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From Creating Reminders to Building Habits

A habit is any act we engage in automatically without thinking about it.

For example, when you brush your teeth, you don’t have to think about every single step from start to finish; once you stagger up to the sink, habit takes over (and, really, habit got you to the sink in the first place) and you find yourself putting toothpaste on your toothbrush, putting the toothbrush in your mouth (and never your ear!), spitting, rinsing, and so on without any conscious effort at all.

This is a good thing because if you’re anything like me, you’re not even capable of conscious thought when you’re brushing your teeth.

The good news is you already have a whole set of productivity habits you’ve built up over the course of your life. The bad news is, a lot of them aren’t very good habits.

That quick game Frogger to “loosen you up” before you get working, that always ends up being 6 hours of Frogger –– that’s a habit. And as you know, habits like that can be hard to break — which is one of the reasons why habits are so important in the first place.

Once you’ve replaced an unproductive habit with a more productive one, the new habit will be just as hard to break as the old one was. Getting there, though, can be a chore!

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The old saw about anything you do for 21 days becoming a habit has been pretty much discredited, but there is a kernel of truth there — anything you do long enough becomes an ingrained behavior, a habit. Some people pick up habits quickly, others over a longer time span, but eventually, the behaviors become automatic.

Building productive habits, then, is a matter of repeating a desired behavior over a long enough period of time that you start doing it without thinking.

But how do you remember to do that? And what about the things that don’t need to be habits — the one-off events, like taking your paycheck stubs to your mortgage banker or making a particular phone call?

The trick to reminding yourself often enough for something to become a habit, or just that one time that you need to do something, is to interrupt yourself in some way in a way that triggers the desired behavior.

The Wonderful Thing About Triggers — Reminders

A trigger is anything that you put “in your way” to remind you to do something. The best triggers are related in some way to the behavior you want to produce.

For instance, if you want to remember to take something to work that you wouldn’t normally take, you might place it in front of the door so you have to pick it up to get out of your house.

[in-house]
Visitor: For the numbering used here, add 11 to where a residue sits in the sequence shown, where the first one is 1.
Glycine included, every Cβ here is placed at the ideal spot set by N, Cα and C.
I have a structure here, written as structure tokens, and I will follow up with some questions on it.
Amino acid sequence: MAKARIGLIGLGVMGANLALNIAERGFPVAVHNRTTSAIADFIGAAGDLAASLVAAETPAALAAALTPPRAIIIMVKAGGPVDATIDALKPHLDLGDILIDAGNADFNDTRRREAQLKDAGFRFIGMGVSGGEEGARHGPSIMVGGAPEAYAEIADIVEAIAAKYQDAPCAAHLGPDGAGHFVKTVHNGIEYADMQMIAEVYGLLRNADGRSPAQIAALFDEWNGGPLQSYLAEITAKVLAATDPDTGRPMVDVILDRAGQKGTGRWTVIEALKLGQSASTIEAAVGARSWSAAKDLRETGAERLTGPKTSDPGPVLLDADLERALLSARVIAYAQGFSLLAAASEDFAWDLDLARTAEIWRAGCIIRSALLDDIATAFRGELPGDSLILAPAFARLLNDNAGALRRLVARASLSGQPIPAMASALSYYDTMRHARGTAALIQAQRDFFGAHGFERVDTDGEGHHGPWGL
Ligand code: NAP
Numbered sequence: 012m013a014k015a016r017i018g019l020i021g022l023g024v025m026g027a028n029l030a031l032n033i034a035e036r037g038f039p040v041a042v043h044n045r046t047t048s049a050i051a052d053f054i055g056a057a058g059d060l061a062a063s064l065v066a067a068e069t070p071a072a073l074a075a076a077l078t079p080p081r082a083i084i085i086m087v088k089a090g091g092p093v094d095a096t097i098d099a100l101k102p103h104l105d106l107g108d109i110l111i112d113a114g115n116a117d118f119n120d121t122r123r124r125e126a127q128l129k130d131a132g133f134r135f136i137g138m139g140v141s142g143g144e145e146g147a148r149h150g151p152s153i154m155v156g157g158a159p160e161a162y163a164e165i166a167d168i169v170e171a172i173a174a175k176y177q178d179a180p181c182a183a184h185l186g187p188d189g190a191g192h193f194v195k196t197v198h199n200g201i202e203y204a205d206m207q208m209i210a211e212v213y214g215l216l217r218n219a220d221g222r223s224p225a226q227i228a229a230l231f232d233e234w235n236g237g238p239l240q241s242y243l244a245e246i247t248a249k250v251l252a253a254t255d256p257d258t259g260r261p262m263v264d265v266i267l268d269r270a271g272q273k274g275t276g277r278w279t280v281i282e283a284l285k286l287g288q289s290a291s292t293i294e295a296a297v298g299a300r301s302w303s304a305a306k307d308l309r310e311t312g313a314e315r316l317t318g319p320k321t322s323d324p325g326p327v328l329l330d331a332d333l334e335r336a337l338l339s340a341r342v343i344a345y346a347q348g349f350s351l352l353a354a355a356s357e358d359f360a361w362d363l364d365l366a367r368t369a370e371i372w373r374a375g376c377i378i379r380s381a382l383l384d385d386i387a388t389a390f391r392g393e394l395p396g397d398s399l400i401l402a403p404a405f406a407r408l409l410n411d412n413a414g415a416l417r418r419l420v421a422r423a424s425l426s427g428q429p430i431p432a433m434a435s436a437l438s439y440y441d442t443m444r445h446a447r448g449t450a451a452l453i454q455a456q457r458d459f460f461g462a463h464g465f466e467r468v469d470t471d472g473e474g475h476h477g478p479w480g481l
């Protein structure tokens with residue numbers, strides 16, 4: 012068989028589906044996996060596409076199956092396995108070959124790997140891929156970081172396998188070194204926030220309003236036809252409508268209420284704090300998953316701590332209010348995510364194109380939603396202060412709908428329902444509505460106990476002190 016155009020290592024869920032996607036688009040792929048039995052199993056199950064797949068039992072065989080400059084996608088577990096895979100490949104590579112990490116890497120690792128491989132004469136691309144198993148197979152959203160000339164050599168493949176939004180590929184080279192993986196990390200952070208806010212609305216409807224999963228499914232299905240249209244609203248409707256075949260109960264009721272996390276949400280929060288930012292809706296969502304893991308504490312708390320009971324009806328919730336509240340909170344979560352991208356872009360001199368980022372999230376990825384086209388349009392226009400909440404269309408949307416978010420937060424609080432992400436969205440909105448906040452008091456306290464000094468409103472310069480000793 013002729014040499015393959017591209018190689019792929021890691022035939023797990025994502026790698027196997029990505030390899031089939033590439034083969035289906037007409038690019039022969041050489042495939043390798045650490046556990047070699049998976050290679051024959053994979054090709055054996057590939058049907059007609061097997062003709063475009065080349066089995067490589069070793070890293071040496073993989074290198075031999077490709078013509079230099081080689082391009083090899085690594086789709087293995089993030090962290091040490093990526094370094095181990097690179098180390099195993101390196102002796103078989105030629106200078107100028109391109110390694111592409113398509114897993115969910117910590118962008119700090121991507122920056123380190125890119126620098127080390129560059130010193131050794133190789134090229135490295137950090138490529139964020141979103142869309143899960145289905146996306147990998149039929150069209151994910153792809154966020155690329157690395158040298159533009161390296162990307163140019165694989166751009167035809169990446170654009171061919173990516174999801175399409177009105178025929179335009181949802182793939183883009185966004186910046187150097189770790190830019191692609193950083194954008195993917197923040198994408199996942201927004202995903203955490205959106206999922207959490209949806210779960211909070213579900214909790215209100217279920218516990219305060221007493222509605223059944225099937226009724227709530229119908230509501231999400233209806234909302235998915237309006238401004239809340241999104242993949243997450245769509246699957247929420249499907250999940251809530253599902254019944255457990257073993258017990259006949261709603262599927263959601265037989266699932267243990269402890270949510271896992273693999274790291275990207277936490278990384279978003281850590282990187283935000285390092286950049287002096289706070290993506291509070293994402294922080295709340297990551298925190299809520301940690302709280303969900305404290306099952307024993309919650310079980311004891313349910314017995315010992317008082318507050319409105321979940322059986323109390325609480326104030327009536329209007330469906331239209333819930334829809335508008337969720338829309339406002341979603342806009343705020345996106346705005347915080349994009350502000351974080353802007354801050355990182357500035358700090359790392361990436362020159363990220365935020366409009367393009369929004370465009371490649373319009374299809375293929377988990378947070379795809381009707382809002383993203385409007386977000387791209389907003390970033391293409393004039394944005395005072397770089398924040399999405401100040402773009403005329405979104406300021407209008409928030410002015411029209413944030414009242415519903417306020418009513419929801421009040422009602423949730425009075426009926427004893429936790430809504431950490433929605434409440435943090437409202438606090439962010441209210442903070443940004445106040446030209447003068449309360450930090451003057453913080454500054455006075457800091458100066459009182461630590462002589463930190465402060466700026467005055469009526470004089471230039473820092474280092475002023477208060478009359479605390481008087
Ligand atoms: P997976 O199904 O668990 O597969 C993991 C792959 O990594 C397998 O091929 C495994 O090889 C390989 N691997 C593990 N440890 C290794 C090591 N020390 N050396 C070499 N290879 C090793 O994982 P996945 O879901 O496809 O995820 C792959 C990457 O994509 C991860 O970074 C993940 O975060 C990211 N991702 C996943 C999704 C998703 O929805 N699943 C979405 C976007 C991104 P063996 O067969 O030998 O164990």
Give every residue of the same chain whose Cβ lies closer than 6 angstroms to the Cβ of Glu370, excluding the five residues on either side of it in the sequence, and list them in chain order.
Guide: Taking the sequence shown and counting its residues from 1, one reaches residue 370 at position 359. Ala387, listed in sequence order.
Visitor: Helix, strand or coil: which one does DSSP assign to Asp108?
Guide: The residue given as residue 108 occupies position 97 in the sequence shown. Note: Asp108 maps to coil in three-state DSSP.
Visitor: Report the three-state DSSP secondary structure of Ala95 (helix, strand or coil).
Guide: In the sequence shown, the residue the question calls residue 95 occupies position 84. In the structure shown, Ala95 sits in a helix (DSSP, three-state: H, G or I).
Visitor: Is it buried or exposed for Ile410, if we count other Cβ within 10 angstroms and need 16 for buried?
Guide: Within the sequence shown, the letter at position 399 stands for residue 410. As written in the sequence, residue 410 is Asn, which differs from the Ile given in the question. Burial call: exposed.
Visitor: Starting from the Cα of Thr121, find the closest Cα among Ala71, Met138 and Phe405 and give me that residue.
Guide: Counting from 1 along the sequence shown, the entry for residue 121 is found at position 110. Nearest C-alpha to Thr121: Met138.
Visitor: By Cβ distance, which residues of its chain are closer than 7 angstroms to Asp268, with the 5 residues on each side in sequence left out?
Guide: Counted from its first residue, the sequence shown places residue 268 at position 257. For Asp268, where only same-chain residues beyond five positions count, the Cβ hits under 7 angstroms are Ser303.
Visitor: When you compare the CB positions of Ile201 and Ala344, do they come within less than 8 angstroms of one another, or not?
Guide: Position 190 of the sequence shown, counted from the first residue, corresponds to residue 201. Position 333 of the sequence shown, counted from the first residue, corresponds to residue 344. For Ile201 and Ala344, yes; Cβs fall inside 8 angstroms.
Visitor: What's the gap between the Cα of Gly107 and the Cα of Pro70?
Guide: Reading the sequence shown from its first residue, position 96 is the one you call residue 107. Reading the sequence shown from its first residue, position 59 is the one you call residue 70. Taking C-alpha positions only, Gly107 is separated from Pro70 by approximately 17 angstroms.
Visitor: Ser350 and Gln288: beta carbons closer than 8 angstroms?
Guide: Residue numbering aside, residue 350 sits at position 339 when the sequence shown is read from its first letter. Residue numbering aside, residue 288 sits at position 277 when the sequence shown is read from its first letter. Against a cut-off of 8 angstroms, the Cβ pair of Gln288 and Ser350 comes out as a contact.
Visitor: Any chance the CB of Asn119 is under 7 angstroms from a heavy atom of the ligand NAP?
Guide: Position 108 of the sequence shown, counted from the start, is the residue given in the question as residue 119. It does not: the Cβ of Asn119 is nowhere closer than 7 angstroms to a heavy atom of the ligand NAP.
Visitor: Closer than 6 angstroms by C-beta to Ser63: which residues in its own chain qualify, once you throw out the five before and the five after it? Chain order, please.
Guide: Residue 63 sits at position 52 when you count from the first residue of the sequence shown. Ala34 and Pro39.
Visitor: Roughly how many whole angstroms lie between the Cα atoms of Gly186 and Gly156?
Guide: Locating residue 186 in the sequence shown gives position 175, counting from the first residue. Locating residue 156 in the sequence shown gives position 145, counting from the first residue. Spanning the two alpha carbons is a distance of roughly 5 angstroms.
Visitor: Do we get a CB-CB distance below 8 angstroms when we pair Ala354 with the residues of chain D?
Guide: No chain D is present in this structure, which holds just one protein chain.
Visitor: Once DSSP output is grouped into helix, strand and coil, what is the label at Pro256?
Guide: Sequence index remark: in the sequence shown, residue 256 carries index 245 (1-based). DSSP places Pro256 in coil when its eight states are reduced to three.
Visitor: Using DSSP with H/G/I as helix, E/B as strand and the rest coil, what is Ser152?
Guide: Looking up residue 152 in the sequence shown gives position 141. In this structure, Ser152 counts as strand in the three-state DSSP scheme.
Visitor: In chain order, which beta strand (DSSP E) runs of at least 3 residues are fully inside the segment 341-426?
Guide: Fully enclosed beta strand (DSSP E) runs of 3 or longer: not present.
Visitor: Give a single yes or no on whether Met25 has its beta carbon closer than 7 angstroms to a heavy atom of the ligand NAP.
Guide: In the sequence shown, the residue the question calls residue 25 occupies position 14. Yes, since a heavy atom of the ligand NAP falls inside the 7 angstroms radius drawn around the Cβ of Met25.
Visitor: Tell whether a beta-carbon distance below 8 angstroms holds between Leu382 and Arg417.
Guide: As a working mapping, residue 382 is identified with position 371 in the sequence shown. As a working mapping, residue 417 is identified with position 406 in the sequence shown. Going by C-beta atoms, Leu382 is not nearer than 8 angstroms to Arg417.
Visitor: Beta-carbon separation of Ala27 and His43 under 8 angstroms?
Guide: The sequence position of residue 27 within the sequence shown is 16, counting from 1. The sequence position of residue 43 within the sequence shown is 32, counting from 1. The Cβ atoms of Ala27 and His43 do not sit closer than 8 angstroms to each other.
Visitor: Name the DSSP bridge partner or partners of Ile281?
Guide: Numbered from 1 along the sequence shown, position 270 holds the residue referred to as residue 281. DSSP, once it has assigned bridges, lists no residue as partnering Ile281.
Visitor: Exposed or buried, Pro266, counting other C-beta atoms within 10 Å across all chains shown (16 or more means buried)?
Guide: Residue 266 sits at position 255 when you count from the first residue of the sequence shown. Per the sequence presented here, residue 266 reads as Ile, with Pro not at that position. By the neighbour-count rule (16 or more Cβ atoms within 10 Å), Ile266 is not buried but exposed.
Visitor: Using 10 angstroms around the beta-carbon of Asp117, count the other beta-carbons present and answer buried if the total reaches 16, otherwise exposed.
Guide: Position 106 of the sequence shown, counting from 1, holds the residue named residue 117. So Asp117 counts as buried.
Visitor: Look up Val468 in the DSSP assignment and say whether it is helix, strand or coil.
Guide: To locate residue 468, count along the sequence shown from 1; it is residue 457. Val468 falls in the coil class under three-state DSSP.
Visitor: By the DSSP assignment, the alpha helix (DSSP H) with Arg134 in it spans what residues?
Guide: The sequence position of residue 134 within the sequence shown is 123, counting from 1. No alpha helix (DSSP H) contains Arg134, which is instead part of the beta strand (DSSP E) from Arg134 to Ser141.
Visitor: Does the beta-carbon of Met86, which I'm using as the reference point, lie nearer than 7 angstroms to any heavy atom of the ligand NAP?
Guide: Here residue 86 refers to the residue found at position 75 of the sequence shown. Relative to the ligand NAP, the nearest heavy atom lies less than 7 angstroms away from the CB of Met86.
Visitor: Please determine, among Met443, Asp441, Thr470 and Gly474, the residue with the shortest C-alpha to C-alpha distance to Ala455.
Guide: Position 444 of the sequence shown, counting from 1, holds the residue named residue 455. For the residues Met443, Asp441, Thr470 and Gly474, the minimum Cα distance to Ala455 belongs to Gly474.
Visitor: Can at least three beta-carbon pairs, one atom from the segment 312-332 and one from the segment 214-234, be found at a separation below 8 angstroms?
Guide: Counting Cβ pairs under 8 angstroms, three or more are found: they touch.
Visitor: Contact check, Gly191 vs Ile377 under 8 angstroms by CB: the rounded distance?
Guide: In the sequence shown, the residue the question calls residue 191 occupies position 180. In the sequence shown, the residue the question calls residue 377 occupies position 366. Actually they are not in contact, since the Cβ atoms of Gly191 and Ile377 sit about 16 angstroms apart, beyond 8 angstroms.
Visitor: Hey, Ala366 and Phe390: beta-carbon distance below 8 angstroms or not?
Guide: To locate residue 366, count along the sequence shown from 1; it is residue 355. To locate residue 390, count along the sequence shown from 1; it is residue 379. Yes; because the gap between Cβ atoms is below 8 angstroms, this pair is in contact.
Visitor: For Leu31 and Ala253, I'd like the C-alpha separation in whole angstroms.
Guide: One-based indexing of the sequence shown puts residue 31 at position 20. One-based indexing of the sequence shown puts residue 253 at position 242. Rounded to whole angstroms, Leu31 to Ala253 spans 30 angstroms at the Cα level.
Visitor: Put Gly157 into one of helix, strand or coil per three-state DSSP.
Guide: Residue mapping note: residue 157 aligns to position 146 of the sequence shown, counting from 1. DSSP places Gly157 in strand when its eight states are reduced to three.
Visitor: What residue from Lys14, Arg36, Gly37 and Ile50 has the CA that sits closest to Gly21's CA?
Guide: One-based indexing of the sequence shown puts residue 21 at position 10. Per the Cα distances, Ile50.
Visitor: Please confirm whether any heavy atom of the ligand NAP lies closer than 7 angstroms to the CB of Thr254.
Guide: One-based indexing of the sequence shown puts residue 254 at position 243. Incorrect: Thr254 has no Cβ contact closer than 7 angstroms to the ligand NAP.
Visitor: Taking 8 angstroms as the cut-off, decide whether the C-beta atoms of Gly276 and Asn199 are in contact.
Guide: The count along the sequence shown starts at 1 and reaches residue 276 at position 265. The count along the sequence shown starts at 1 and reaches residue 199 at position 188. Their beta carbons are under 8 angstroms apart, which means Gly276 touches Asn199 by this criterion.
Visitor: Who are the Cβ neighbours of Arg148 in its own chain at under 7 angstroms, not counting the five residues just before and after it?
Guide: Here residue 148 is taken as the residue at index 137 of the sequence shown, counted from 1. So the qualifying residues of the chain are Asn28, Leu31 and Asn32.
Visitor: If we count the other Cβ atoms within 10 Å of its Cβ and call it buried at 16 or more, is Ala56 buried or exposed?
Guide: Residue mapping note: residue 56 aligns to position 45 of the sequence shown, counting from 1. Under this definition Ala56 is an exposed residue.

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But anything that catches your attention and reminds you to do something can be a trigger. An alarm clock or kitchen timer is a perfect example — when the bell rings, you know to wake up or take the quiche out of the oven. (Hopefully you remember which trigger goes with which behavior!)

If you want to instill a habit, the thing to do is to place a trigger in your path to remind you to do whatever it is you’re trying to make into a habit — and keep it there until you realize that you’ve already done the thing it’s supposed to remind you of.

For instance, a post-it saying “count your calories” placed on the refrigerator door (or maybe on your favorite sugary snack itself)  can help you remember that you’re supposed to be cutting back — until one day you realize that you don’t need to be reminded anymore.

These triggers all require a lot of forethought, though — you have to remember that you need to remember something in the first place.

For a lot of tasks, the best reminder is one that’s completely automated — you set it up and then forget about it, trusting the trigger to pop up when you need it.

How to Make a Reminder Works for You

Computers and ubiquity of mobile Internet-connected devices make it possible to set up automatic triggers for just about anything.

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Desktop software like Outlook will pop up reminders on your desktop screen, and most online services go an extra step and send reminders via email or SMS text message — just the thing to keep you on track. Sandy, for example, just does automatic reminders.

Automated reminders can help you build habits — but it can also help you remember things that are too important to be trusted even to habit. Diabetics who need to take their insulin, HIV patients whose medication must be taken at an exact time in a precise order, phone calls that have to be made exactly on time, and other crucial events require triggers even when the habit is already in place.

My advice is to set reminders for just about everything — have them sent to your mobile phone in some way (either through a built-in calendar or an online service that sends updates) so you never have to think about it — and never have to worry about forgetting.

Your weekly review is a good time to enter new reminders for the coming weeks or months. I simply don’t want to think about what I’m supposed to be doing; I want to be reminded so I can think just about actually doing it.

I tend to use my calendar for reminders, mostly, though I do like Sandy quite a bit.

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Featured photo credit: Unsplash via unsplash.com

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Reference

[1] Getting Things Done: Trusted System